Thursday, February 21, 2008

Lunacy Defined

1 insanity. 2 wild foolishness : extravagant folly

Supreme Lunacy:
noun 1 Going outside at night in winter, when it's -17° C (1.4° F), standing for over an hour taking photographs of the lunar eclipse.

Despite my attack of lunacy last night, I survived without any frostbite -- just very cold hands. I always enjoy seeing a lunar eclipse, and since this was the last eclipse before December 2010, I wanted to go out and capture some photographs. It's a truly impressive event. At first, you just see a "bite" taken out of the moon, but eventually, the whole moon gets covered. The colour of the moon is striking, and you get a strong feeling of the moon being a sphere, instead of a two-dimensional object in the sky.

This photograph was taken at ASA 800, 1.3 second exposure at f5.6.

. . . Rob Williams

Sunday, February 17, 2008

The Value of Persistence

Yesterday, I got up early, and went out to photograph in -19° C (-2° F) weather. It promised to be the only clear sunny day for some time, so I was eager to get out.

I headed out to the Ottawa River, to photograph the area around Victoria Island. It was very cold out, but I was invigorated by the light and fog along the river. After that, I went further downtown, and photographed the ice sculptures that were on display for Winterlude, as well as some scenes along the Rideau Canal.

After being outside for over three hours, I was tired and ready for a meal, so I headed home. I decided to drive along the Ottawa River Parkway, a beautiful drive along the Ottawa River. The cold temperatures and open water along the various rapids on the river had produced some fantastic scenery by coating the trees with frost, and I enjoyed the drive. As I passed a bridge across the river, I saw some beautiful trees on an island in the river. I knew that I could cross the bridge and park on the island for another photographic session, but I was tired, and ready to call it a day.

I drove past the bridge, and continued along the parkway. The thought of the frost on the trees stayed with me, however, and after a few more minutes of driving, I decided to turn back, and take a closer look at the island.

I drove back to the island, parked the car, and spent another hour photographing the trees on the island. There were so many great photographs there, it was hard to decide where to start.

I'm really glad I had the persistence to go back and spend more time and effort (and had some spare capacity left on my flash card!) on the island. The weather conditions were perfect, and the photographic opportunities were fantastic. It proved to be the best location of the day.

. . . Rob Williams

Wednesday, February 13, 2008

Recent Work: Willow Tree in Winter

Here is a photograph that I made last weekend. I went out on a gray day, as I discussed in my previous post. I photographed a number of trees, thinking about the lines, and realizing that the tones available were basically black-and-white. When I saw this willow, my eye was immediately drawn to the colour of the tree, and the red of the bush at the foot of the tree -- the colours looked brilliant compared with the rest of the landscape. I still like the lines and form of the tree with it's grizzled bark, and the lines of the bush, but the splash of colour was more than welcome in the dull winter light.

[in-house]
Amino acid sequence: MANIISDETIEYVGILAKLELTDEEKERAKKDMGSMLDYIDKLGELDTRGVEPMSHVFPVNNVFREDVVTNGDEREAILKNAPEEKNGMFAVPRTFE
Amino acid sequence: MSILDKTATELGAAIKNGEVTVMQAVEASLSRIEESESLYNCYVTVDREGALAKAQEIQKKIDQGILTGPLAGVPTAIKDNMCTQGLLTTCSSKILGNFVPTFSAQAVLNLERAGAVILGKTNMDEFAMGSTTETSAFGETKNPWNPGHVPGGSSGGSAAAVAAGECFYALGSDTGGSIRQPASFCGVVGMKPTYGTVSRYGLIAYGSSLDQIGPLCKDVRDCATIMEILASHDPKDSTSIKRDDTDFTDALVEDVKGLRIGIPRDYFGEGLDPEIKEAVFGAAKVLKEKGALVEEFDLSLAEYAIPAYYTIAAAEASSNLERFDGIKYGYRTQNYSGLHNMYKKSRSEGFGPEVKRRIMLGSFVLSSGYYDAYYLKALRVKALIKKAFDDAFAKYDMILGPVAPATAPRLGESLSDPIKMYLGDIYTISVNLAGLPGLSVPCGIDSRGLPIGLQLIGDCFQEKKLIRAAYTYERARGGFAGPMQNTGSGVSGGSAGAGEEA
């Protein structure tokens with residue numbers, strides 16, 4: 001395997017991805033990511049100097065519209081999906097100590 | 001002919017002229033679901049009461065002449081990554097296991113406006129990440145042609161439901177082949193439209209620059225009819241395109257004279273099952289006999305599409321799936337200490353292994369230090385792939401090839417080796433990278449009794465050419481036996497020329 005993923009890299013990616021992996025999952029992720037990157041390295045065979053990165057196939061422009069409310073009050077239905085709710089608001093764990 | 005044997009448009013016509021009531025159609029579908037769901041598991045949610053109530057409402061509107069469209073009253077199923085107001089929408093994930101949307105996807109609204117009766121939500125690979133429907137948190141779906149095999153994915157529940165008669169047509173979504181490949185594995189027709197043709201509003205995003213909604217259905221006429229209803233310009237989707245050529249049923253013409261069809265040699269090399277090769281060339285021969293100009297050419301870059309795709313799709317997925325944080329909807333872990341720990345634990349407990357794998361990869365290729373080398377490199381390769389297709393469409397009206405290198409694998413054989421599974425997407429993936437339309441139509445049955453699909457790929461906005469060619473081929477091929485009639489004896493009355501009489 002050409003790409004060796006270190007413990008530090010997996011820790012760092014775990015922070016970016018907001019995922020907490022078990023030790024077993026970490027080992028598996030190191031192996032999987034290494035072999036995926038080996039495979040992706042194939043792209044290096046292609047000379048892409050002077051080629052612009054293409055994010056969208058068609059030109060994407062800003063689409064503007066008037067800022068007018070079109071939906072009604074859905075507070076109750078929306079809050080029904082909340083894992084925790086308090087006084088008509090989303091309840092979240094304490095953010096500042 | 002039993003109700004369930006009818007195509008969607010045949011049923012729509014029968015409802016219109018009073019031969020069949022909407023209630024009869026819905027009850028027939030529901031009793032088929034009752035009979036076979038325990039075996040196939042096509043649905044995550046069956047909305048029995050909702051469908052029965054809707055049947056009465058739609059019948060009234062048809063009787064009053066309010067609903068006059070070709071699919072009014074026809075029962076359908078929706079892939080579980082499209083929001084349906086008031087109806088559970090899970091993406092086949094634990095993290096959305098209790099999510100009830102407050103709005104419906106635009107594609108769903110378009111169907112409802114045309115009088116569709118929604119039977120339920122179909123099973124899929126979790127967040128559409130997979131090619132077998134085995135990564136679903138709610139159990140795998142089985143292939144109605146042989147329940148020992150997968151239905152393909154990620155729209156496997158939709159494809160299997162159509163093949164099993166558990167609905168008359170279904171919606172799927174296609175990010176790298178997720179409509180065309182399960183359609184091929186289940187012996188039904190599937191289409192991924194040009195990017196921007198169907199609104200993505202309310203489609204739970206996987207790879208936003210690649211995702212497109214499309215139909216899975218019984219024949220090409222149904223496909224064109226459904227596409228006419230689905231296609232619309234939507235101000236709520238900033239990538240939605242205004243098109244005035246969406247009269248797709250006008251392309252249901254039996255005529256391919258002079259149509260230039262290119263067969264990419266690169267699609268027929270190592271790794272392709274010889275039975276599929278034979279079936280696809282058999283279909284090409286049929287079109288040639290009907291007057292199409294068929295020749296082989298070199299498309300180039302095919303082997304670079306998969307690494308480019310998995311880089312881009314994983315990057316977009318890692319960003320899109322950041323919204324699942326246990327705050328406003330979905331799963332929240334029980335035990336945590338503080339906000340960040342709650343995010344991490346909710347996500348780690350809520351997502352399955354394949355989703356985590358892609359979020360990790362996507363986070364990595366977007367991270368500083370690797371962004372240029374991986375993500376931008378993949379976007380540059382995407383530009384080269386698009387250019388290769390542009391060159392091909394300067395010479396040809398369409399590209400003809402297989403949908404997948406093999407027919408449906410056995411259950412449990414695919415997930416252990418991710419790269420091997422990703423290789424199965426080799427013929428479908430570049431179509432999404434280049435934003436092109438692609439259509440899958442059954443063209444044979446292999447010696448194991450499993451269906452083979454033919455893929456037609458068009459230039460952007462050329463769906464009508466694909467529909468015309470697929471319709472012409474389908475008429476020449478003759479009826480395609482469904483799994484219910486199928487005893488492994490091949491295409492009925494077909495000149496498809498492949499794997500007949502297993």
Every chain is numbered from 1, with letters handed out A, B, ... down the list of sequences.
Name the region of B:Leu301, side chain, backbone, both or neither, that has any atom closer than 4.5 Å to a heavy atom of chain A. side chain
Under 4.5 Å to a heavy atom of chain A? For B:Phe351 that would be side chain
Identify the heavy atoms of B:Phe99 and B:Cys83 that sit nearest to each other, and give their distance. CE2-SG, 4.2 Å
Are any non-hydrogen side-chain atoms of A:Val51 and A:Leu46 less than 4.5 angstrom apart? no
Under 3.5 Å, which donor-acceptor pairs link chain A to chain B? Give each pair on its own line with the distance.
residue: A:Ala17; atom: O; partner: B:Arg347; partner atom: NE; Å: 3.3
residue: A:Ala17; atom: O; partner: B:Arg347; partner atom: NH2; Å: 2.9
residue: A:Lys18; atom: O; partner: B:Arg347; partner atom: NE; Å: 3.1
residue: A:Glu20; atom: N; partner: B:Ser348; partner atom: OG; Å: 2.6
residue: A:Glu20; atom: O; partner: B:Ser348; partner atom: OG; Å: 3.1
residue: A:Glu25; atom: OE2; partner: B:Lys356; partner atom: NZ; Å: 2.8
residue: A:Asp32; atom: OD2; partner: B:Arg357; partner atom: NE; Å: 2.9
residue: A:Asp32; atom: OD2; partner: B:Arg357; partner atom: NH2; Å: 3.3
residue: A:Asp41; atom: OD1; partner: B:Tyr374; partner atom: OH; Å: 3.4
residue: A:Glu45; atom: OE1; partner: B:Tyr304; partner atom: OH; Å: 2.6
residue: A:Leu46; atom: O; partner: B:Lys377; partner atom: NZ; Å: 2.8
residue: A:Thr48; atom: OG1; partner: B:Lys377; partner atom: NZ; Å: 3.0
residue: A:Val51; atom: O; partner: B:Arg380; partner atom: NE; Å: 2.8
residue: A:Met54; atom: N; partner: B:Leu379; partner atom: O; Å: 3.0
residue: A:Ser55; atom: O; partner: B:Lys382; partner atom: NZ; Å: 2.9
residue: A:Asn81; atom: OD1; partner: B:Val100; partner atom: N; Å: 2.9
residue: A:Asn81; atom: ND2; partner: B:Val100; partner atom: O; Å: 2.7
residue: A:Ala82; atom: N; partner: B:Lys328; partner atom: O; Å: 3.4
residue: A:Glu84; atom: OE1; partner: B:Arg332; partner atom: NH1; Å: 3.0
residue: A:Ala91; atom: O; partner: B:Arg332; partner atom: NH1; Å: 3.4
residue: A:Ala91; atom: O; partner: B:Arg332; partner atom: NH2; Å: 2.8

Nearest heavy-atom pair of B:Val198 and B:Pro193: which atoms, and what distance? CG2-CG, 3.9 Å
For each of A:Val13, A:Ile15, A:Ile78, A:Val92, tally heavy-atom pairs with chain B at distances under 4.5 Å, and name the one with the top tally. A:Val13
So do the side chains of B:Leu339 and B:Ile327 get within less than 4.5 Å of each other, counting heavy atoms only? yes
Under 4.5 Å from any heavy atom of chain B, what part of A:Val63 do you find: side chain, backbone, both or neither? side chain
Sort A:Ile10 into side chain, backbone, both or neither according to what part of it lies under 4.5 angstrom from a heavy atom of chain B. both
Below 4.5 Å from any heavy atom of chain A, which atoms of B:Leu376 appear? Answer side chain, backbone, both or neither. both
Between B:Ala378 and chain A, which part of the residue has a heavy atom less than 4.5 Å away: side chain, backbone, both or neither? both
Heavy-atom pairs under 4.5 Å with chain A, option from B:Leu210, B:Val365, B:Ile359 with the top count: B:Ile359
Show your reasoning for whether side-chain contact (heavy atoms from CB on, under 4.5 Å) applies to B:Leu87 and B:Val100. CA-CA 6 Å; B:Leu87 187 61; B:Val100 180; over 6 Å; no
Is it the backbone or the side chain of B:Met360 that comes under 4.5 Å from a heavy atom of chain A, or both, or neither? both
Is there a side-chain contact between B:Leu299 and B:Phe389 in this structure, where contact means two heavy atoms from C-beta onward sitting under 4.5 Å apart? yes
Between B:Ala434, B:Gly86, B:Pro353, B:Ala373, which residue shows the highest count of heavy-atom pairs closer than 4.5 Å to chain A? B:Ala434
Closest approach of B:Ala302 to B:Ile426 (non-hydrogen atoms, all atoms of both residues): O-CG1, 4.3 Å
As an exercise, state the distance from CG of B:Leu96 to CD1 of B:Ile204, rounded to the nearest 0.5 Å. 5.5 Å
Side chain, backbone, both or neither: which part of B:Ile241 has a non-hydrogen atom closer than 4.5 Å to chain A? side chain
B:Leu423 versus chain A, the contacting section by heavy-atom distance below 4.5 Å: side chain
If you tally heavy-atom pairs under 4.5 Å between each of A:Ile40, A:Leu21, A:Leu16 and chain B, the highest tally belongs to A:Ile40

For more recent photographs, see my website's Recent Work page.

. . . Rob Williams

Saturday, February 9, 2008

The Gray Days of Winter

Where I live in Canada, winters are long, cold, and this year, very snowy. In fact, from October to February, there is an average of only 3.2 hours of sunlight per day. It is often cloudy all day, with snow flurries off and on. Temperature is another problem. If it's not cloudy, then it can be very, very cold. Minus 20 Celcius can freeze your fingers in no time flat, and you can't manipulate a camera with mitts on.

For a landscape photographer, winter presents huge problems. Extremely cold weather can be managed -- with the right clothing and gloves that are thin enough to work the camera, I have braved very cold weather to make photographs. Usually, these photographs have at least had the sun and sky to make the photographs come alive.

However, what do you do with dull gray skies? A featureless sky and perfectly even light are not good conditions for landscapes. It's just as challenging as the cold weather, but the challenge is different. When it's cloudy, the cold is usually much more manageable, but the scenery is dull and lifeless.

In situations like this, all too common in winter, one option is to stay at home and work on your photo backlog. I enjoy working on my computer, developing my website, and making prints. However, I can't go too long without getting my camera out, and getting outside in the fresh air.

The dull grey conditions are daunting. Colour is almost non-existant, so you have to concentrate on what is left -- line and form. This is photography broken down into it's simplest elements. It's often good to go back to basics, and think about visual design. Freeman Patterson's book "Photography and the Art of Seeing" has been one of my favourite books for visual design, and I enjoy getting it out to read it over again.

Great photographs are usually the result of hard work and inspiration. This is doubly true for winter photography. Prepare yourself for the cold, prepare for the light conditions, and be willing to simplify your photographs -- the result will be worth the effort!

. . . Rob Williams


Welcome to my photographic blog! This blog will feature some of my thoughts about photography, what inspires me to photograph, and some of the trials and tribulations of photography on a limited budget. Stay tuned -- it should be an adventure!

. . . Rob Williams